A website revives the Calumet case | News, Sports, Jobs

Lawrence and Patty Heikell hold a photo of then-missing 11-year-old Karl Heikell, who disappeared on Halloween in 1981. The search continued for almost a year after Karl disappeared before some of Karl’s remains were found in October 1982. (Photo courtesy of Halloween 1981 and the Daily Mining Gazette)


newspaper editor

MARQUETTE – When 11-year-old Karl Heikell of Calumet disappeared on Halloween in 1981, it sparked a nearly year-long search for the boy that didn’t stop until October the following year. when Heikell’s remains were found near his home in the Centennial Heights neighborhood of Calumet. While Heikell’s search lasted just under 12 months, questions surrounding what happened to the boy have lingered for over 40 years.

Recently, a website operated by local native Dillon Geshel shed new light on the case with an extensive collection of documents, maps and stories from the fateful hours before Heikell disappeared on Halloween.

Geshel learned about the case about 10 years ago while working at the Houghton Public Library.

“Another staff member told me this story he heard from a client. The boss had bought a property somewhere in the Centennial Heights area in Calumet and they had this ghost story that they were chasing in the woods and they could hear this boy crying. said Geshel. “They came to the library to see if anything had ever happened to the property and long story short they learned by going to the Michigan Tech archives about this missing person case where a boy had gone missing and then found died near his property. So it interested me because I thought it sounded made up.

Geshel then examined the story to see what he could find.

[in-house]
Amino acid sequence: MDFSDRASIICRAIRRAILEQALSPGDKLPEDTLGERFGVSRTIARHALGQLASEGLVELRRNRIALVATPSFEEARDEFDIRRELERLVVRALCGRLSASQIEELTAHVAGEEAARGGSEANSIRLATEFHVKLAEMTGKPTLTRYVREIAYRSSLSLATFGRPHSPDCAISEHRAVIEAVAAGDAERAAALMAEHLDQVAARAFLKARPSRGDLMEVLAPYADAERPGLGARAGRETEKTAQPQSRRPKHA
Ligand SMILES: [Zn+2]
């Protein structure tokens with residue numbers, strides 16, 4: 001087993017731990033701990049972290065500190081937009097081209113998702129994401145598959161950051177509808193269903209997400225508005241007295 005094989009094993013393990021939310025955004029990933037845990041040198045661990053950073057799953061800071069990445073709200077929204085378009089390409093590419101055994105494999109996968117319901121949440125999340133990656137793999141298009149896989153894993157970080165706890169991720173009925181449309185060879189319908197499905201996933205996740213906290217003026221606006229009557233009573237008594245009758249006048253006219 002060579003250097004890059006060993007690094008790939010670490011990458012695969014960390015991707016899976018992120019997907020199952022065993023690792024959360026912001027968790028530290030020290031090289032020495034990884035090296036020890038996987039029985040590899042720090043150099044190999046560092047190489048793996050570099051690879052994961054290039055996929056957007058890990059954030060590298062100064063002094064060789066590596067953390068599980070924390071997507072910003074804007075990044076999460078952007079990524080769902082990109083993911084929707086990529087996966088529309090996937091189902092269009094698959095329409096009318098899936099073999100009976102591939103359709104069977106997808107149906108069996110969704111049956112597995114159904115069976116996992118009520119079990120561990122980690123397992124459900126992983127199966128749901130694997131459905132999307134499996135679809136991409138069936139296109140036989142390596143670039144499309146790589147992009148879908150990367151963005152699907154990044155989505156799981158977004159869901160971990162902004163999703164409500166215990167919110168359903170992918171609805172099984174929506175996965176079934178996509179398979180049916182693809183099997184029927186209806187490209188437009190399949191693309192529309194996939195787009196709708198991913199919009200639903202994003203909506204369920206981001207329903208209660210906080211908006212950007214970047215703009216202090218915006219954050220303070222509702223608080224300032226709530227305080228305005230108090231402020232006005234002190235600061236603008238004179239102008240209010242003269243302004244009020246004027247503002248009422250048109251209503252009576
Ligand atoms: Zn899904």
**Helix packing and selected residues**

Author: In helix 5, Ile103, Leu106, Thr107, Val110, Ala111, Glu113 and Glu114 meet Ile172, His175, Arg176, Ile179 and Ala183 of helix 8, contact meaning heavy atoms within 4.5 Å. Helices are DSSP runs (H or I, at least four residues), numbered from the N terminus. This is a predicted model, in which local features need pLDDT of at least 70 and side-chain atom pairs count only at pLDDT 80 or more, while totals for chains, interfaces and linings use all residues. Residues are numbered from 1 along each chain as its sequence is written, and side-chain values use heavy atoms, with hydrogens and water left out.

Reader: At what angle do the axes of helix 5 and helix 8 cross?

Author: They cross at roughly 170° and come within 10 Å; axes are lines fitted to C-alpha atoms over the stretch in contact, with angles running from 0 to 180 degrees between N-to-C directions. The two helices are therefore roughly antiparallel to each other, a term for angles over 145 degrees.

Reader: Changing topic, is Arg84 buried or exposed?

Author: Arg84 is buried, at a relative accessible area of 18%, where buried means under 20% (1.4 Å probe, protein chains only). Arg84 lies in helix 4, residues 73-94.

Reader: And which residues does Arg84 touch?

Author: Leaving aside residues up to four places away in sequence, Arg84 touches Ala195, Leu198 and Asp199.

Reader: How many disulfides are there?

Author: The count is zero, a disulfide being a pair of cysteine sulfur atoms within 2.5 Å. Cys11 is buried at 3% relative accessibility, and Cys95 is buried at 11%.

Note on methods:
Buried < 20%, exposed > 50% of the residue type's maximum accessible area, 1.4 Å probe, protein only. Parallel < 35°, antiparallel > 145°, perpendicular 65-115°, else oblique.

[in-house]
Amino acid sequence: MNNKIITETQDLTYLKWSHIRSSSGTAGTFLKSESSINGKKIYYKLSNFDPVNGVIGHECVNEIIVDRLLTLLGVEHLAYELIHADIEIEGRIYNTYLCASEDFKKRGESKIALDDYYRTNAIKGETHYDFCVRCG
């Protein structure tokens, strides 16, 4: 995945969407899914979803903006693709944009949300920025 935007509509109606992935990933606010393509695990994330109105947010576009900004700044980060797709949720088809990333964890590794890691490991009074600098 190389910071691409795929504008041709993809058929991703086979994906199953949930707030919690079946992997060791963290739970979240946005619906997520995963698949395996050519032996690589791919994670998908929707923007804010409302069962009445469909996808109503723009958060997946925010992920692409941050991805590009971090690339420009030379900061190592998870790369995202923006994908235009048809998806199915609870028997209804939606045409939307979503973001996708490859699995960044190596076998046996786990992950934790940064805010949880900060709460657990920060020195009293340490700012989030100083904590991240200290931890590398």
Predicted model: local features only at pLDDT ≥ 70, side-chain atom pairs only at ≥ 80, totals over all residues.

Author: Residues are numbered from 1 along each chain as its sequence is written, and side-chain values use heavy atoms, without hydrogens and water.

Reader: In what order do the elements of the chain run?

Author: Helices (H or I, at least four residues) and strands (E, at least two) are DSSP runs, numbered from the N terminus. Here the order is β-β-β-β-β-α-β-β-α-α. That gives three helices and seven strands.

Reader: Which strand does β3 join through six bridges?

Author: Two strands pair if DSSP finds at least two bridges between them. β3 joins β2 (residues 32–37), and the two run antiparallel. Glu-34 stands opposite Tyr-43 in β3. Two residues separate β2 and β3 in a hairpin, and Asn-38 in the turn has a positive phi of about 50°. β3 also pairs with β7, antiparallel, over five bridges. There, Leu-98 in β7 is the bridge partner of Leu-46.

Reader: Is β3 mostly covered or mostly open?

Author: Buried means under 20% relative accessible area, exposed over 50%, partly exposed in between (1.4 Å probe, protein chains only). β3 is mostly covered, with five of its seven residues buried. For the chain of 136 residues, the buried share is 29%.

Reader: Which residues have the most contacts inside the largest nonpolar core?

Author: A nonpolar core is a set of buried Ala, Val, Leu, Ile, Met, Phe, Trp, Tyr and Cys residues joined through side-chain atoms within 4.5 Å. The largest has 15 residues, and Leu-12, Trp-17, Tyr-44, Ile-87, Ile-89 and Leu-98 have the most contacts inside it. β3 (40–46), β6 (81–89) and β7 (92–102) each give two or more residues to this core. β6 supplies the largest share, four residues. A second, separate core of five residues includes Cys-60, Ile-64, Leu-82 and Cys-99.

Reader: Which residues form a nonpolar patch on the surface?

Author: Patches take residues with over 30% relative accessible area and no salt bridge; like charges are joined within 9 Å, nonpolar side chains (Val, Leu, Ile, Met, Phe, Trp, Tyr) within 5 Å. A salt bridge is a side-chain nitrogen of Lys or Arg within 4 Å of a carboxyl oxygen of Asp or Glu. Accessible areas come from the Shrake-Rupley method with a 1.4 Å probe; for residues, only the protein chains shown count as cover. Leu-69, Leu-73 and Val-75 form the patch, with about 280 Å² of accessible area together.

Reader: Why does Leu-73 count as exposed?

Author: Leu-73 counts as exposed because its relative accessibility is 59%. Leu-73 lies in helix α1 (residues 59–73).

“The archives keep a vertical file on all the missing people in UP which has things like newspaper clippings and of course there was this story about this 11-year-old boy who went missing in the area,” said Geshel. “For a few years I had this story in my head and I decided one day to see if I could ask the FOIA (Freedom of Information Act) police reports on this case to find out more about it. Then I read these reports, filled with curiosity, and over the years talked about them with friends.

While Geshel had known about the story for some time, it was only last year that he decided to set up the website to publicize the still unsolved case.

“Last year I decided to go public with the information about the case because it’s such a shame that no one knows what happened or has ever solved it,” said Geshel.

One of the biggest mysteries in the case concerns Heikell’s whereabouts on the day of his disappearance and the days following.

On Halloween, Heikell told his father he was going for a walk. This was the last time he would be confirmed to have been seen alive. The next morning, Heikell’s parents called the police to report that he had not returned home the previous night.

This sparked a search for Heikell which involved a search party of local volunteers, tracking dogs and helicopter and plane overflights which failed to locate Karl.